This paper discusses OMT as a treatment option for pediatric sleep-disordered breathing (SDB), focusing on habit correction and muscle retraining for improved nasal breathing and oral posture. Through comprehensive assessments and tailored exercises, OMT addresses issues like mouth breathing, incorrect tongue position, and dysfunctional swallowing. The therapy involves education on harmful oral habits, repatterning facial muscles, teaching proper chewing and swallowing, and ensuring functional head and neck posture. Emphasizing the principles of neuroplasticity, OMT requires active patient participation and commitment to daily practice for lasting behavioral change. While beneficial as a standalone treatment for mild-to-moderate SDB, combining OMT with other interventions like adenotonsillectomy may yield optimal outcomes. Further research is needed to fully establish OMT’s efficacy in treating and preventing SDB in children, underscoring its potential role within a multidisciplinary treatment approach.

Myofunctional Therapy to Treat Obstructive Sleep Apnea: A Systematic Review and Meta-analysis

This meta-analysis and systematic review explore the effectiveness of myofunctional therapy (MT) in treating obstructive sleep apnea (OSA) for both children and adults, analyzing polysomnographic data, snoring, and sleepiness outcomes. Drawing from studies up to June 18, 2014, it found significant improvements post-MT, with the apnea-hypopnea index (AHI) decreasing by about 50% in adults and 62% in children. Additionally, lowest oxygen saturations, snoring frequency, and sleepiness levels showed marked improvements in adults. The review suggests MT as a beneficial adjunct therapy for OSA, highlighting its potential to maintain treatment effects in children post-adenotonsillectomy and palatal expansion, preventing OSA recurrence. This evidence underscores MT’s role in improving sleep quality and health outcomes in OSA patients.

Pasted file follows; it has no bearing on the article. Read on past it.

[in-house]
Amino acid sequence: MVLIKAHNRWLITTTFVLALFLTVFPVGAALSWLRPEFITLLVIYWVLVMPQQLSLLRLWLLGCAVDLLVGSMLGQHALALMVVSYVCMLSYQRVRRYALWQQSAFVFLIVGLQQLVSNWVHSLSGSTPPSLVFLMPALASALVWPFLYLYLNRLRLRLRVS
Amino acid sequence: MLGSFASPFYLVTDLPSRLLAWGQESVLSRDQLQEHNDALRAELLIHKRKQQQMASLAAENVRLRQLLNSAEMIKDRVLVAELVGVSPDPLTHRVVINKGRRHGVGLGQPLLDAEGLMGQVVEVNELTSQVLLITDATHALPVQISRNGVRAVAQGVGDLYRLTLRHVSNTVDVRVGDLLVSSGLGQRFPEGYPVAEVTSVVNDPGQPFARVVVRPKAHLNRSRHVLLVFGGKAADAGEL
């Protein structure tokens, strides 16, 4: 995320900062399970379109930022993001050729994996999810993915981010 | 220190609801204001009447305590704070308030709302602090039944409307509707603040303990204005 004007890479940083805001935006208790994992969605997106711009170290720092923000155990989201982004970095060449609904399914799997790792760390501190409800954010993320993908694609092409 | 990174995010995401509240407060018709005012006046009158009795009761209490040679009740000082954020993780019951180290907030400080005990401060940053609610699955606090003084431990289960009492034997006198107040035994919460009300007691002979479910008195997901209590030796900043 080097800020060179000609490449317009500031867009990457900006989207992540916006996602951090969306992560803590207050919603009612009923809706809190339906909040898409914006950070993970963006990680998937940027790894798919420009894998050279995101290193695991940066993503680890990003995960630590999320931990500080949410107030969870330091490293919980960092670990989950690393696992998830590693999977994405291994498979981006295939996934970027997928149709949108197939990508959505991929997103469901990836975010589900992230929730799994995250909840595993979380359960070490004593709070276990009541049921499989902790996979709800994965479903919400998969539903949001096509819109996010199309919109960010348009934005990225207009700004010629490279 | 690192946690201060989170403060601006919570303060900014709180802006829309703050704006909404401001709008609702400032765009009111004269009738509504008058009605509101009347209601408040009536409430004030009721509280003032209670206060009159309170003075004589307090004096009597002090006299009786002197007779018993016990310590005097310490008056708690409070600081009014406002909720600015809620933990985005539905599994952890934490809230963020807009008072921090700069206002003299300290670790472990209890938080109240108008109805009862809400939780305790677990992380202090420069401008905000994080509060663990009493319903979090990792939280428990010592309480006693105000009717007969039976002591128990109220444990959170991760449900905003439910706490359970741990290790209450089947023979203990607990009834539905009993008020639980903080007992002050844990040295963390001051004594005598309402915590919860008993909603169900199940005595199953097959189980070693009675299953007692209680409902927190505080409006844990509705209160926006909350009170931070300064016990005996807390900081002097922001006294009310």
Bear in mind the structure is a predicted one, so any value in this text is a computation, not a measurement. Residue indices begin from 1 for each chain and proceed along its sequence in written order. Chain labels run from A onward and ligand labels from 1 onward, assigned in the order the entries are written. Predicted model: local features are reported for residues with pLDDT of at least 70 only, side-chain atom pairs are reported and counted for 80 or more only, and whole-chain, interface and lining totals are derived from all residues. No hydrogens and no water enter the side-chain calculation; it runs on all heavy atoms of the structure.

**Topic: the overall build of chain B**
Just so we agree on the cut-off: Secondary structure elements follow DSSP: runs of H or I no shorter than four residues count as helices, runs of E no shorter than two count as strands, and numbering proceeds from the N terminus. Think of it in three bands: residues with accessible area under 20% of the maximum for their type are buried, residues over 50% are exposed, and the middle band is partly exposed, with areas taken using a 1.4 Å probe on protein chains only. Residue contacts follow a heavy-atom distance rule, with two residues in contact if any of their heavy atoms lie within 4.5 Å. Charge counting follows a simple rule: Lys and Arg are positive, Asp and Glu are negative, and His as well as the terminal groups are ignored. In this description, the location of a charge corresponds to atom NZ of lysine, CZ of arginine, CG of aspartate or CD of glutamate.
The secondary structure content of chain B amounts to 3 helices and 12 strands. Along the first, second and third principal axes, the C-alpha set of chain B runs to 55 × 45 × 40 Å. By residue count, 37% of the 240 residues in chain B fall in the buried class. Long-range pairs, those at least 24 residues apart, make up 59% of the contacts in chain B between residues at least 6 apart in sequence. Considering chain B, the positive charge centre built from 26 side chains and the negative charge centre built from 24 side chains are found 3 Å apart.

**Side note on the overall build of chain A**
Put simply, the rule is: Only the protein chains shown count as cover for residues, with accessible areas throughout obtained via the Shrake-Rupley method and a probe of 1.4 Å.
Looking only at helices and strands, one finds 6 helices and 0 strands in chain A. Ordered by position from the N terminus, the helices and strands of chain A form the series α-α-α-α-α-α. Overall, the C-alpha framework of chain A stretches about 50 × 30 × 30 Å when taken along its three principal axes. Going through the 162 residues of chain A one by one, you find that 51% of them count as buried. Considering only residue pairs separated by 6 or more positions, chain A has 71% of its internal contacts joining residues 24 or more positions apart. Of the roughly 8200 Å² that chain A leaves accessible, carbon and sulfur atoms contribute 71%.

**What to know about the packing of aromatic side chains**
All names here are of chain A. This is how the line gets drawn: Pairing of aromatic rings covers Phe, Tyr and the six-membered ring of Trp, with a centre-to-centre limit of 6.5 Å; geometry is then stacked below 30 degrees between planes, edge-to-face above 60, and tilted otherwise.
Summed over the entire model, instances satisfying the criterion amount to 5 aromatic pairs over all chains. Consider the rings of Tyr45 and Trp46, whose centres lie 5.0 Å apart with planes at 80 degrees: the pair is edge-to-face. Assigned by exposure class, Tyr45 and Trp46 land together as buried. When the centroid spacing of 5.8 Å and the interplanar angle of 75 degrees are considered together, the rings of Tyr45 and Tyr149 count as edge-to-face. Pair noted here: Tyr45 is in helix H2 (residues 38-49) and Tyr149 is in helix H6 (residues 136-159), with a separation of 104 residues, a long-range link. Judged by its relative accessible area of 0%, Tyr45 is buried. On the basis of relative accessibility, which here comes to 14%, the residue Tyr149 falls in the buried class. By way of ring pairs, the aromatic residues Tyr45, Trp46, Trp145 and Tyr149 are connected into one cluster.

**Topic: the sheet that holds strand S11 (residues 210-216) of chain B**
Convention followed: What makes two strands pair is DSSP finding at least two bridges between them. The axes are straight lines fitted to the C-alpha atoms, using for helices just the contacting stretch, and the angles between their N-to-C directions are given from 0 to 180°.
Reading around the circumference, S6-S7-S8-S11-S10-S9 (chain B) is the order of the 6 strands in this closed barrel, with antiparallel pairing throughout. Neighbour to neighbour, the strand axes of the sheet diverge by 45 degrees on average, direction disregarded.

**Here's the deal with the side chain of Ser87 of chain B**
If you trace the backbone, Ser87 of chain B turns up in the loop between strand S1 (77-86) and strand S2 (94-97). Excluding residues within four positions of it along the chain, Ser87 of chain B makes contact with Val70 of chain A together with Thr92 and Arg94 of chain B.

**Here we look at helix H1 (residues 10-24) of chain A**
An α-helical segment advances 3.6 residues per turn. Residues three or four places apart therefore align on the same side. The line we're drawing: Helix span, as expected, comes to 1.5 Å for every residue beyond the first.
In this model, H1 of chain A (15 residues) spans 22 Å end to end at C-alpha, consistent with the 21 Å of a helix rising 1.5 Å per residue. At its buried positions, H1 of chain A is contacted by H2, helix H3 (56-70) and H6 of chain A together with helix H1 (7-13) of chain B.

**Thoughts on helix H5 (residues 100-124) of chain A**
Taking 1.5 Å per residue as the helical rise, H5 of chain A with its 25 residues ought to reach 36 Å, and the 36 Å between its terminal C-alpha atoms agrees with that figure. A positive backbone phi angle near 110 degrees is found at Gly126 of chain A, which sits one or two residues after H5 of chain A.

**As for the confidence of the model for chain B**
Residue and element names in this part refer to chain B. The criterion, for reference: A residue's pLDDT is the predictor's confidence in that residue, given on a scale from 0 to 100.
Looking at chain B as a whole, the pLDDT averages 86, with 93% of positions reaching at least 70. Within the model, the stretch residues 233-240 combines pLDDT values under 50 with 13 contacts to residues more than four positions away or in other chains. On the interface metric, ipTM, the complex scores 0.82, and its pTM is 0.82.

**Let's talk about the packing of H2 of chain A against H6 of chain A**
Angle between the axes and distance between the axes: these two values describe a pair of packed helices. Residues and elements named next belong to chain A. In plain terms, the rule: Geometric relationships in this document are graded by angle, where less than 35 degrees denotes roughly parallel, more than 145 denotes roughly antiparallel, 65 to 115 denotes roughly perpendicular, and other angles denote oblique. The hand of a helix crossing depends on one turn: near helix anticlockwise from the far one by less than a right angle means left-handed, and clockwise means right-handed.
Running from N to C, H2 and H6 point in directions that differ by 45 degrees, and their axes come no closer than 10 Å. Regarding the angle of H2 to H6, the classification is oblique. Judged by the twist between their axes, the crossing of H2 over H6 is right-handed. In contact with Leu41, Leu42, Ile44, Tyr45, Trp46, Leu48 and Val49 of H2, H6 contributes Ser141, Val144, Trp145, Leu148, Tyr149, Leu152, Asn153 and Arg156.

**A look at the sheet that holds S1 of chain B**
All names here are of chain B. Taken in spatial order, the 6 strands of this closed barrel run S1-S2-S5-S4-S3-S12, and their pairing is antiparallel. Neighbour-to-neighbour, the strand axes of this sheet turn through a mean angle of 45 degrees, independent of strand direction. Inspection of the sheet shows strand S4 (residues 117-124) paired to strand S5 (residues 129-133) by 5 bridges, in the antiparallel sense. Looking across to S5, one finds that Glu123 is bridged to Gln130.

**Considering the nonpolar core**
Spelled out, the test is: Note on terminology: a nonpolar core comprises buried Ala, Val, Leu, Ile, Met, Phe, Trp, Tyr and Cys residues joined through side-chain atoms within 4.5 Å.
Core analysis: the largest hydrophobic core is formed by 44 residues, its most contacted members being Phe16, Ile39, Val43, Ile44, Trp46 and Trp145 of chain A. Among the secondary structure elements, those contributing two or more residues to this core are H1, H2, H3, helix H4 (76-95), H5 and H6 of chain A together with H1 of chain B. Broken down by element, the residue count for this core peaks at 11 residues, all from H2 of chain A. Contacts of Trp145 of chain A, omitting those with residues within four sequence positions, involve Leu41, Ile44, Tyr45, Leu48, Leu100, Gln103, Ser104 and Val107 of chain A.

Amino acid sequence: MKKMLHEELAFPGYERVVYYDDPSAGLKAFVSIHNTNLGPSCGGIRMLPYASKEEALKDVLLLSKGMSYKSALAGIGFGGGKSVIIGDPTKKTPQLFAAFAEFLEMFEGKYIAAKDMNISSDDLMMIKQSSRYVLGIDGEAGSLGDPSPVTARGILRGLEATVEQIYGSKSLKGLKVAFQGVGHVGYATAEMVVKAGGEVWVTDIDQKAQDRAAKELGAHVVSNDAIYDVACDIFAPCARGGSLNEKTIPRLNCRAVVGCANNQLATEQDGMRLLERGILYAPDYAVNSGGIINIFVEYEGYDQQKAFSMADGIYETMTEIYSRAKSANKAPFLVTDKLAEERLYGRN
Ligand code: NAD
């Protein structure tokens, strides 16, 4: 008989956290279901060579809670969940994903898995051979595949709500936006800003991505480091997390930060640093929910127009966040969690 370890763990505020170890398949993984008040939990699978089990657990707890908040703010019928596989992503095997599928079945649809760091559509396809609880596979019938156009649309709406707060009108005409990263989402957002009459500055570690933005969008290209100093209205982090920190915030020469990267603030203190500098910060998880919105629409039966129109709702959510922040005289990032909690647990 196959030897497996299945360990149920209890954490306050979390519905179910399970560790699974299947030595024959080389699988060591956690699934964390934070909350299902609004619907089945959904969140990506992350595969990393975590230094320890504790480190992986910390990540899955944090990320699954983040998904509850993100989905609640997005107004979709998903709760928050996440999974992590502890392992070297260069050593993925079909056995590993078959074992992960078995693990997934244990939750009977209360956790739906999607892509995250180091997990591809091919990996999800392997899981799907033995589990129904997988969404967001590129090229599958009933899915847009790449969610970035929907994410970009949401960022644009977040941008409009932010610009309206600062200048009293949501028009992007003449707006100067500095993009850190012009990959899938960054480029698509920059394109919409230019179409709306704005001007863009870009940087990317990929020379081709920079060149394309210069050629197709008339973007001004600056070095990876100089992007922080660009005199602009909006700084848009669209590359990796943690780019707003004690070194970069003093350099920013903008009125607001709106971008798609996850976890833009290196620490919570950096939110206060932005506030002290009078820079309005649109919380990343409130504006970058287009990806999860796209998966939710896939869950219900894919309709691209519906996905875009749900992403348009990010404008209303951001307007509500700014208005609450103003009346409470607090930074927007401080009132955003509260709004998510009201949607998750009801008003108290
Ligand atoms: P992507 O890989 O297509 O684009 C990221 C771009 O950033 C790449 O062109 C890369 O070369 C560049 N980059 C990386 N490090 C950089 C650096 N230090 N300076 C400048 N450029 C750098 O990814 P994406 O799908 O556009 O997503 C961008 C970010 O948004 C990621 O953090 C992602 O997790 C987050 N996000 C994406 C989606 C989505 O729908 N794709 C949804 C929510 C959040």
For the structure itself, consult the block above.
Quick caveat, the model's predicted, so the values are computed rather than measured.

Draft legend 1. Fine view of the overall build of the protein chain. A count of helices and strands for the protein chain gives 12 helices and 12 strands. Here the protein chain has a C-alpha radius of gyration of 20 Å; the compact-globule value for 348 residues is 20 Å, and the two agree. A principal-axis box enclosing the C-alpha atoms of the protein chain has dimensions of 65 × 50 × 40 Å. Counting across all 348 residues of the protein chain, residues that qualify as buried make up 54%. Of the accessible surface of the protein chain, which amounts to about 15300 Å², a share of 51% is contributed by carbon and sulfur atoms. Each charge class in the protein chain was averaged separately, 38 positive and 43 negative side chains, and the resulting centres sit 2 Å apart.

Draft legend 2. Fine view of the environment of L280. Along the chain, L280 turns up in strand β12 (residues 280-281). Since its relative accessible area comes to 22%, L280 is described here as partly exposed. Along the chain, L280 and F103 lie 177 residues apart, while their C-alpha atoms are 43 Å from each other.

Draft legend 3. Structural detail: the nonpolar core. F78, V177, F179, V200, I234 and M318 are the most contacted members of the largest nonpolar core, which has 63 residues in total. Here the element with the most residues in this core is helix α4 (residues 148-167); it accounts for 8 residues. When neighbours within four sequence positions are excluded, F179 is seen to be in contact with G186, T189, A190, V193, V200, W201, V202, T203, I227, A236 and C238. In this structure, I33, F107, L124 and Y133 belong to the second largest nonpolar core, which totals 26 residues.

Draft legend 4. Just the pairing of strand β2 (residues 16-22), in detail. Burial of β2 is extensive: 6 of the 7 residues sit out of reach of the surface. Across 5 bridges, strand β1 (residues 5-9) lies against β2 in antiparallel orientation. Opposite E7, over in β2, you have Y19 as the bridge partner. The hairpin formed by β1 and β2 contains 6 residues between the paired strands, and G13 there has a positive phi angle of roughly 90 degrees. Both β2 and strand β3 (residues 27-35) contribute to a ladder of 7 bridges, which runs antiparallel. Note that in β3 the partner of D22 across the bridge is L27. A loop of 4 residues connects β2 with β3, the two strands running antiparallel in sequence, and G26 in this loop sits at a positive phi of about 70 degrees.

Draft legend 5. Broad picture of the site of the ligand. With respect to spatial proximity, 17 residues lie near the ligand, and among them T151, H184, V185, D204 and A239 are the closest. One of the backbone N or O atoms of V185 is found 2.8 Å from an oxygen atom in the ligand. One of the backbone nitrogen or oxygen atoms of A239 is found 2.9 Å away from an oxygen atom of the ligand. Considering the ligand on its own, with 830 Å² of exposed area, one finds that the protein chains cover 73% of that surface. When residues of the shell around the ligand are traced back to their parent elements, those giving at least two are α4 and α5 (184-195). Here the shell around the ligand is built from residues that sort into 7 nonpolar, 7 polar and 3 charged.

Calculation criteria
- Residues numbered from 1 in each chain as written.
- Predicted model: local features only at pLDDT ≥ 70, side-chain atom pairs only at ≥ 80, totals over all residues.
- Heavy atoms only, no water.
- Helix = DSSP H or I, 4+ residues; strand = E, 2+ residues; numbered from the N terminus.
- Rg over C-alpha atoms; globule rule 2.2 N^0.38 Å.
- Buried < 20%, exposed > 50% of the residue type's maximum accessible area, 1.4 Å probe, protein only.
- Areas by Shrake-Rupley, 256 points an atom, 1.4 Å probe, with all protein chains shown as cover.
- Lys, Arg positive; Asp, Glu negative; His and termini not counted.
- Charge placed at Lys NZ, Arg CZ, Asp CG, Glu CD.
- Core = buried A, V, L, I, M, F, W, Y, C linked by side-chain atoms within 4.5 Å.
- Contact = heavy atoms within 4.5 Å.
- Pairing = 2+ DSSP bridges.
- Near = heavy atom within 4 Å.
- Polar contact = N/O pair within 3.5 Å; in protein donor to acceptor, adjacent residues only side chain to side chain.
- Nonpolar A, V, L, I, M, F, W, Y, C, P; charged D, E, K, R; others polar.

Snoring Tots More Likely to Turn into Troubled Kids

Research led by Karen Bonuck, PhD, at Albert Einstein College of Medicine, reveals a significant link between early signs of sleep-disordered breathing (SDB) in children and later behavioral and emotional problems. This longitudinal study, published in Pediatrics, finds that children aged 6 to 69 months displaying symptoms such as snoring, mouth breathing, or apnea have a 60% higher risk of developing issues like hyperactivity by age 7. Even children whose symptoms resolved early on faced an elevated risk of behavioral problems compared to those without SDB symptoms. The study underscores the importance of early identification and intervention for SDB symptoms, suggesting that monitoring and potentially treating conditions like enlarged tonsils and adenoids could mitigate future behavioral and emotional difficulties. This evidence highlights the critical need for healthcare providers to thoroughly assess children’s sleep habits during routine visits to prevent long-term adverse outcomes.